The steaming milky-blue waters of the Blue Lagoon, Iceland beckoned. Wearing just my swimming costume I took a deep breath and pegged-it through the biting chill of Iceland’s February weather. Wading into the hot, mineral-rich water felt all the better for the minus degree dash. I laid back and soaked blissfully as the piping hot water relaxed every muscle in my body. Heaven…
Reviewed – the North Face Resolve Jacket for women. The perfect lightweight jacket for Spring and Autumn walks and hikes to keep you warm and dry.
The Mister and I have been dog-sitting for the past couple of weeks so we were more than happy that the day Havana came to stay the rain stopped and the sun came out. Havana (aka Princess Yum Yum) is a Soft-Coated Wheaten Terrier and not a sheep or teddy bear (if you were wondering). Cute isn’t she?
It was excellent timing that Blacks had just asked me check-out out a North Face Resolve jacket – perfect for dog-walking in the Sussex countryside in this fresh, breezy spring weather.
The Resolve jacket is waterproof, breathable and seam sealed for wet weather and it’s made from a durable Ripstop HyVent™ fabric. The jacket comes with 60g Heatseeker™ synthetic lightweight insulation for extra warmth. It allows your body to breathe whether you’re trekking, walking the dog or even out in the snow.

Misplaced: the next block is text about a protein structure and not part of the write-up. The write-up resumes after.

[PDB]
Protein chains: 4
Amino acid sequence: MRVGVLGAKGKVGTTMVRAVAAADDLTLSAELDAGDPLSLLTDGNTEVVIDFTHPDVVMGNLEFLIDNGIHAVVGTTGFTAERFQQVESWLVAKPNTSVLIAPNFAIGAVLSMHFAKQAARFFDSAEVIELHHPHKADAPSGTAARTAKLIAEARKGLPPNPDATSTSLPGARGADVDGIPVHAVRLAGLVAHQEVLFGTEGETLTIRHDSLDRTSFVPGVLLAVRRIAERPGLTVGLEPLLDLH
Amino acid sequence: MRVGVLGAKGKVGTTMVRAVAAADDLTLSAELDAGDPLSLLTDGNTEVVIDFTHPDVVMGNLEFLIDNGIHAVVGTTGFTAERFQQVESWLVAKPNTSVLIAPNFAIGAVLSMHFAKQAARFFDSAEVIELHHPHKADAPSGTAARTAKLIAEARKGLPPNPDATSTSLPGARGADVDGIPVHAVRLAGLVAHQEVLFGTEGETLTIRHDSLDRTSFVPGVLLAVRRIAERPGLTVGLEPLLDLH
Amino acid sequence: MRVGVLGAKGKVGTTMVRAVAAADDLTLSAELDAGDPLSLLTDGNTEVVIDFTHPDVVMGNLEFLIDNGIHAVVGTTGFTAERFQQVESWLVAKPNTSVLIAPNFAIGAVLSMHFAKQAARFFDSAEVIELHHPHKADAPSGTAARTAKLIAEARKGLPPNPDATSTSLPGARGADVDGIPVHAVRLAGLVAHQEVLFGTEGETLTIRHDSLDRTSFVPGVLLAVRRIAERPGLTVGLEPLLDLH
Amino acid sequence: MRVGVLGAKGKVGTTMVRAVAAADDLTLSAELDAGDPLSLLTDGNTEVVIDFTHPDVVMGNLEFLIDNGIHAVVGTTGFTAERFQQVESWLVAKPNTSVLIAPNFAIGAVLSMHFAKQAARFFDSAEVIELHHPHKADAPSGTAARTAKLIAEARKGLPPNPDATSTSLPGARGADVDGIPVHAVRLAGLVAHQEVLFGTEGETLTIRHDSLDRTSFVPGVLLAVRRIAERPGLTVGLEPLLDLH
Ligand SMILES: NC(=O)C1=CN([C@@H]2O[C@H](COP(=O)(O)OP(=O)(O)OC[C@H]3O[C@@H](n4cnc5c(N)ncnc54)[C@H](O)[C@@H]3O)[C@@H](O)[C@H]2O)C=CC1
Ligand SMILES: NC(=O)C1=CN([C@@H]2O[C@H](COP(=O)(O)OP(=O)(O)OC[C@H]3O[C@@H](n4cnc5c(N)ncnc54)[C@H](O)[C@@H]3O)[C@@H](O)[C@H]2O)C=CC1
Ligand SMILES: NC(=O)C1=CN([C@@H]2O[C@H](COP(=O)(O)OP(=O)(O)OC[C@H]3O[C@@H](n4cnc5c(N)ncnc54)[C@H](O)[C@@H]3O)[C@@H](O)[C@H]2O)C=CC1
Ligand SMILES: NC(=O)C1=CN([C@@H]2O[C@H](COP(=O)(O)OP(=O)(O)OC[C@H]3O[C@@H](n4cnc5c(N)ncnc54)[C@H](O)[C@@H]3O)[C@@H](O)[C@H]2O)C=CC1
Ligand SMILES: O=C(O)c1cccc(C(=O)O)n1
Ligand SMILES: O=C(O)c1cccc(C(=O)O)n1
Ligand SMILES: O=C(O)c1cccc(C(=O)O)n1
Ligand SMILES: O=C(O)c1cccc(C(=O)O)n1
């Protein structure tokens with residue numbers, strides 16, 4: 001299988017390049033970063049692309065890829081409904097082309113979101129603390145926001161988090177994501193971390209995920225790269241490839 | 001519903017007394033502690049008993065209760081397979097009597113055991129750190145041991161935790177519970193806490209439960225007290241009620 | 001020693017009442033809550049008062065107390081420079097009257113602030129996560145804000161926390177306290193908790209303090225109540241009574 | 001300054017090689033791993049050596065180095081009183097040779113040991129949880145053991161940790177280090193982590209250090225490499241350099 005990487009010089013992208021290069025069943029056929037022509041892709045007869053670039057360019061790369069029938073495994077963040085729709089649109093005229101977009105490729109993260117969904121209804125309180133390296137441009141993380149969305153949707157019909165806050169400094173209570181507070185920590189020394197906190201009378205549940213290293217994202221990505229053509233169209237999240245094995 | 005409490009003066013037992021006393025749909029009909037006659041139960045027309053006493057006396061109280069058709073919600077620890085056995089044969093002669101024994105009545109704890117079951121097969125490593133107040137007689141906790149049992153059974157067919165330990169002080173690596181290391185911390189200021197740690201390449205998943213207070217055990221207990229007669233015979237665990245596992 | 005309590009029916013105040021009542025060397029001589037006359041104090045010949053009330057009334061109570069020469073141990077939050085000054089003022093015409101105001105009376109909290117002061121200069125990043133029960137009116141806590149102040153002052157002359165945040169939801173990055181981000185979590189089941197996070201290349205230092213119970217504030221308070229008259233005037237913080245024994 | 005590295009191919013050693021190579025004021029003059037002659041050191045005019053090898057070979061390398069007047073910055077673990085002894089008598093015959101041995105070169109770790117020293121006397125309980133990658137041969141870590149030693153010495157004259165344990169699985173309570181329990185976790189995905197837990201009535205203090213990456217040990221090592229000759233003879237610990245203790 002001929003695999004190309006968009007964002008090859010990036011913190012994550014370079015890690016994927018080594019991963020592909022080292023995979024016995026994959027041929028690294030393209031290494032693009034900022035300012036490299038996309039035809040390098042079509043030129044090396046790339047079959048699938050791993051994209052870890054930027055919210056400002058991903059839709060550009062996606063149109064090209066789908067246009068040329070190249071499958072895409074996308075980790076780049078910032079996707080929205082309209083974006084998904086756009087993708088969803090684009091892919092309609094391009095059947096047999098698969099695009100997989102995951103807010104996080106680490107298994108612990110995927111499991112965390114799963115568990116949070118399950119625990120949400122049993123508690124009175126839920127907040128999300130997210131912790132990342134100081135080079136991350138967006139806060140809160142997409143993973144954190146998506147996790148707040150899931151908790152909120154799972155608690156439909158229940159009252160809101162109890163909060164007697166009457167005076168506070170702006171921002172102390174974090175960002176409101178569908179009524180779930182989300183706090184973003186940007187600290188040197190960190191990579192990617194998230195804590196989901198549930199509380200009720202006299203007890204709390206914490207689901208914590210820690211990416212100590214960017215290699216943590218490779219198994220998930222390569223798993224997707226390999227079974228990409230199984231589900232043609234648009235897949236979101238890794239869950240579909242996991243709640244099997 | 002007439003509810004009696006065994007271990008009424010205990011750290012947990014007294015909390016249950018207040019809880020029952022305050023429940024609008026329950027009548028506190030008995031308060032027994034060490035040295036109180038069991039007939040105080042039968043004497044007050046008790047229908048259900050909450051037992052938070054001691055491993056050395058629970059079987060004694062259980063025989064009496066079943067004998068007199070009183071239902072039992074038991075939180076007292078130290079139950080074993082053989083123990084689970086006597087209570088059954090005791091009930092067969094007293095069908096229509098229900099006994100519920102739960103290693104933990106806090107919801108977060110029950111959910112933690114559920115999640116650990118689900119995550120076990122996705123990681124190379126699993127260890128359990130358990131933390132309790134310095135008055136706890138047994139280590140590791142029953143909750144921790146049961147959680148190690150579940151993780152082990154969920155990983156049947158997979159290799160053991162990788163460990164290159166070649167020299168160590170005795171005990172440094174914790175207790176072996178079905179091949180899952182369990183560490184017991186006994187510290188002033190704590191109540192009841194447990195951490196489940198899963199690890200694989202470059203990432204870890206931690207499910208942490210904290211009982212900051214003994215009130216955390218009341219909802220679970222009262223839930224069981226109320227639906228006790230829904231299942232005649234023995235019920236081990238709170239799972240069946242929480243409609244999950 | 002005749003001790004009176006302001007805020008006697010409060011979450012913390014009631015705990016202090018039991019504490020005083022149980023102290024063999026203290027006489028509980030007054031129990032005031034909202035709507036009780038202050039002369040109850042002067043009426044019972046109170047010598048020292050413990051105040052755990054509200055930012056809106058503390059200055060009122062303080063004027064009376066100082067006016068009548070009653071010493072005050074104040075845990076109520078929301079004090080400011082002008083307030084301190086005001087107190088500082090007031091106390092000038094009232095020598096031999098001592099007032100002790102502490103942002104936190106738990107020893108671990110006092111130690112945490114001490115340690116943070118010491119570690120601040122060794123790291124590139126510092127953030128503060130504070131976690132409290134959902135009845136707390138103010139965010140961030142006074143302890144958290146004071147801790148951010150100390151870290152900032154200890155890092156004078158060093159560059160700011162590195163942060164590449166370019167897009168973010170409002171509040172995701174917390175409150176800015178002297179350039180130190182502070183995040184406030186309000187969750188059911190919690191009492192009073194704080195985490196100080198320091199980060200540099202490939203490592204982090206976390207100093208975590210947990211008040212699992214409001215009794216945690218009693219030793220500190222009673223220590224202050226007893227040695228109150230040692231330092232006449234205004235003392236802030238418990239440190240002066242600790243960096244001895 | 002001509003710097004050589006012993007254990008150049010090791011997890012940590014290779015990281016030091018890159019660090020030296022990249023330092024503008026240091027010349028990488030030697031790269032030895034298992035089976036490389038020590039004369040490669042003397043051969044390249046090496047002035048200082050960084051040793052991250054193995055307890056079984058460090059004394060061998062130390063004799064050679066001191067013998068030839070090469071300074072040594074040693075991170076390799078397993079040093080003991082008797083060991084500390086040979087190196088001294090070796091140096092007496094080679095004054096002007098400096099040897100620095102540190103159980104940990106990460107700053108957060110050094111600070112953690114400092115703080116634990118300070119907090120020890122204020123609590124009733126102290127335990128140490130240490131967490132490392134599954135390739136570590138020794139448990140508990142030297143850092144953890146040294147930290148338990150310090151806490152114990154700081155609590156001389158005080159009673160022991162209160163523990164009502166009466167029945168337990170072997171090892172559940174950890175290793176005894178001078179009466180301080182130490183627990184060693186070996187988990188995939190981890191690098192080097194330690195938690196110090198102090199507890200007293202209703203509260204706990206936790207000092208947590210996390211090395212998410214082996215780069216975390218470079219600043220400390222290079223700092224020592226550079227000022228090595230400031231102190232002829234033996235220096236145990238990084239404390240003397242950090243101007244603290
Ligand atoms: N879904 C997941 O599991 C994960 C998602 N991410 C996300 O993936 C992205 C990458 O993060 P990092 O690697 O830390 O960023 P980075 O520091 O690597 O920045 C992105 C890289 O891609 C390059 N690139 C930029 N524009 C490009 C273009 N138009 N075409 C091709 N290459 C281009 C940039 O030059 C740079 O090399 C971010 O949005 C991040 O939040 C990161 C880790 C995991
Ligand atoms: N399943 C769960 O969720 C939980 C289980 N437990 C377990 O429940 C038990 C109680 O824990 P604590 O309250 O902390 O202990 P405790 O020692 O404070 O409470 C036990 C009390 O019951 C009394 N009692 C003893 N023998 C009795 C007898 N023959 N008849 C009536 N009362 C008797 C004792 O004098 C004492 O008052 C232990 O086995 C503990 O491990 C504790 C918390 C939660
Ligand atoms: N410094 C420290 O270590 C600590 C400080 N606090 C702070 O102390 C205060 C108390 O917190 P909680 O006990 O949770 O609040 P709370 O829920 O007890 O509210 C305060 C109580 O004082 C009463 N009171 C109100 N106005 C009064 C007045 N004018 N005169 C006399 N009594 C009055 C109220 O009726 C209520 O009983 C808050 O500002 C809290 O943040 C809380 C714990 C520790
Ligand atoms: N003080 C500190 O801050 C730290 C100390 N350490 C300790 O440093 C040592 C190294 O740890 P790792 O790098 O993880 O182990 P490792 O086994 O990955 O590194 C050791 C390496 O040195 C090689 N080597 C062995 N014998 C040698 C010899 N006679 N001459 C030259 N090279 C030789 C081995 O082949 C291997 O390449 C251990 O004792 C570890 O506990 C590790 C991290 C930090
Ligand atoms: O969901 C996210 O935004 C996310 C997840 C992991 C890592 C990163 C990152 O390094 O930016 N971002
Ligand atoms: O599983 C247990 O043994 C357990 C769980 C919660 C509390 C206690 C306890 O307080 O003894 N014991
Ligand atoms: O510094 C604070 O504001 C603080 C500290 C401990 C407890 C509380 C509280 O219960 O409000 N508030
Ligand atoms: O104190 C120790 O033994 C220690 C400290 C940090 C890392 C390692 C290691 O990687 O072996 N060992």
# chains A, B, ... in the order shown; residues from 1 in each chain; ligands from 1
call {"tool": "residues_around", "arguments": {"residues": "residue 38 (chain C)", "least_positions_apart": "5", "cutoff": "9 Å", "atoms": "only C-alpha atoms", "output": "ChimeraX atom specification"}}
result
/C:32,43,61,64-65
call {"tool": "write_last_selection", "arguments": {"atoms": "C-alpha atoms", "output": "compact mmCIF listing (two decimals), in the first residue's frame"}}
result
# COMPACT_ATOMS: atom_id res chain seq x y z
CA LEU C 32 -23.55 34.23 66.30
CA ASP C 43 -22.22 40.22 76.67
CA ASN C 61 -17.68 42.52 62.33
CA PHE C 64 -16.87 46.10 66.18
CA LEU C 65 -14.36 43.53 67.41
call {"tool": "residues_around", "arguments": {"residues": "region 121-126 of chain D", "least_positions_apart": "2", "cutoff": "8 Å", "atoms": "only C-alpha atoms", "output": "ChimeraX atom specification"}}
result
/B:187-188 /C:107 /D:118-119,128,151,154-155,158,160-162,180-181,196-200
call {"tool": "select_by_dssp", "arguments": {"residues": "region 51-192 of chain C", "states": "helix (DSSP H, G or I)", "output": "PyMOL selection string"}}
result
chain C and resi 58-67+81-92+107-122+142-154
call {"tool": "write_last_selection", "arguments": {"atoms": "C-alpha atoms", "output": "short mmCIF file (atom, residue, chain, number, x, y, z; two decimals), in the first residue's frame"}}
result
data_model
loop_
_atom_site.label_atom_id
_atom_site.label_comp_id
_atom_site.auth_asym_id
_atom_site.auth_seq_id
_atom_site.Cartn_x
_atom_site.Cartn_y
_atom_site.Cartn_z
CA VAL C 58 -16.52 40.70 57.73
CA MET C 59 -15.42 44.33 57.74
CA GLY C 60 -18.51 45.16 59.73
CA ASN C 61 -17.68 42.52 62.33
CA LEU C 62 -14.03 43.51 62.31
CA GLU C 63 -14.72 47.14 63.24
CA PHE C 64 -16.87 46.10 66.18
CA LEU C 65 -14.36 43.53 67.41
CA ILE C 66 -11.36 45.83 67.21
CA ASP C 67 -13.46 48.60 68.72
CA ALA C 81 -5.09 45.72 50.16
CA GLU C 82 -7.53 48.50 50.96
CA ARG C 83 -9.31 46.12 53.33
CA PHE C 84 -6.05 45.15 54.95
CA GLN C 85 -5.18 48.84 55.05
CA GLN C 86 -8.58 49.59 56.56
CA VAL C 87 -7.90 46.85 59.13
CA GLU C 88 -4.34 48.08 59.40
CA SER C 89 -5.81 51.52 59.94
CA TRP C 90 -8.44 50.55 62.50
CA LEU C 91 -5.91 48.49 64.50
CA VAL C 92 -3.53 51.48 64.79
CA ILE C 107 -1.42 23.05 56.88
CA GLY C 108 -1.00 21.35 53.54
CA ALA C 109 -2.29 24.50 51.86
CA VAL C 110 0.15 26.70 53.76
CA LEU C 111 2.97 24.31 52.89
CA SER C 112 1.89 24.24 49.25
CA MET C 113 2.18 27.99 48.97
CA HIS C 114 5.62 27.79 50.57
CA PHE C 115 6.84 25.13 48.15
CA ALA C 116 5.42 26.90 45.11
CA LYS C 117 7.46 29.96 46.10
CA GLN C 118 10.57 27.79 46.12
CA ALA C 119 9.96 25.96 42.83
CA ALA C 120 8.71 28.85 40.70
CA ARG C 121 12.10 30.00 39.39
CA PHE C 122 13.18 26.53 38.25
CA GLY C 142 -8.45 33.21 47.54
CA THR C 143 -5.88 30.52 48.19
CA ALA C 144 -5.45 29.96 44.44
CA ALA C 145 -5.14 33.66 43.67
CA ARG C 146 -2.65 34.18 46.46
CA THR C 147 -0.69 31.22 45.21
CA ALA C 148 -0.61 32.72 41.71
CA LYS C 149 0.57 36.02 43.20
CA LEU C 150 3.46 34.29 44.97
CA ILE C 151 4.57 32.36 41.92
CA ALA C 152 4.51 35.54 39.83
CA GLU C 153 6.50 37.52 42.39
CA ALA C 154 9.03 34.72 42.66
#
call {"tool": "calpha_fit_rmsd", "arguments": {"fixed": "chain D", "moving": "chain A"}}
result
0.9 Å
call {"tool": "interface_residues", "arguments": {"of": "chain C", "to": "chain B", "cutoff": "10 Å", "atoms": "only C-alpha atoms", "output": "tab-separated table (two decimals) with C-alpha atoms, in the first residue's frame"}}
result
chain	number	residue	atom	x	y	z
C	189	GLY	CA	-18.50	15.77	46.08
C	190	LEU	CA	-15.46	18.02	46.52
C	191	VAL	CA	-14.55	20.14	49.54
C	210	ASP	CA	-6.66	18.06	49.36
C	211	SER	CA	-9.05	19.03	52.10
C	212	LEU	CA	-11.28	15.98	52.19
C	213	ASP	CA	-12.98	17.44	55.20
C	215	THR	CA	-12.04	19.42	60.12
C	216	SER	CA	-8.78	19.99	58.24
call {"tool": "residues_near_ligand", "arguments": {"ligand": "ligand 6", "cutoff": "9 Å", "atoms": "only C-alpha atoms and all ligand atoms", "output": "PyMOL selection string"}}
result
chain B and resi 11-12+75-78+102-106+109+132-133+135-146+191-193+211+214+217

There’s an adjustable stowable hood, brushed chin guard and mesh lining. The centre zip has a Velcro storm flap for added weatherproofing, two zipped pockets and tailored styling and it weighs just 410g.
What’s to Love?
The jacket is totally waterproof so that when it rained the water just rolled straight off, without soaking into the fabric, keeping me completely dry.
The hood is adjustable so didn’t blow down in the wind and kept my hair dry too. My hair frizzes and doubles in size in the slightest drizzle so that was a big plus and it wasn’t really cold enough to be wearing a hat. When not in use the hood stows neatly away in the back of the collar without being bulky.
The funnel necked chin-guard looks great and had the added bonus of stopping the wind whipping around my throat. There’s a cinched hem so no unwanted drafts there either.
I love that this jacket is tailored for women to give a neat fitted look and is light enough to slip into a rucksack or bag without being bulky. Despite being very lightweight the jacket kept me really warm and as it’s breathable I didn’t get hot and clammy. Basically this jacket has the cold, wet weather sewn up.
What’s not to love?
I wasn’t keen on the elasticated cuffs. An adjustable cuff with velcro or fastener to keep wrists snug would have been preferable and would give the sleeves a more structured, finished look. But that was just a minor point in what is otherwise a really good walking and hiking jacket for spring and autumn.
I took the North Face Resolve jacket with me on a trip to Iceland in August. It was perfect for the changeable weather and light enough to squeeze easily into my bag when the sun came out.
Disclaimer: My ‘North Face’ Resolve Insulated Jacket was kindly provided by Blacks. However, all views and thoughts are entirely my own.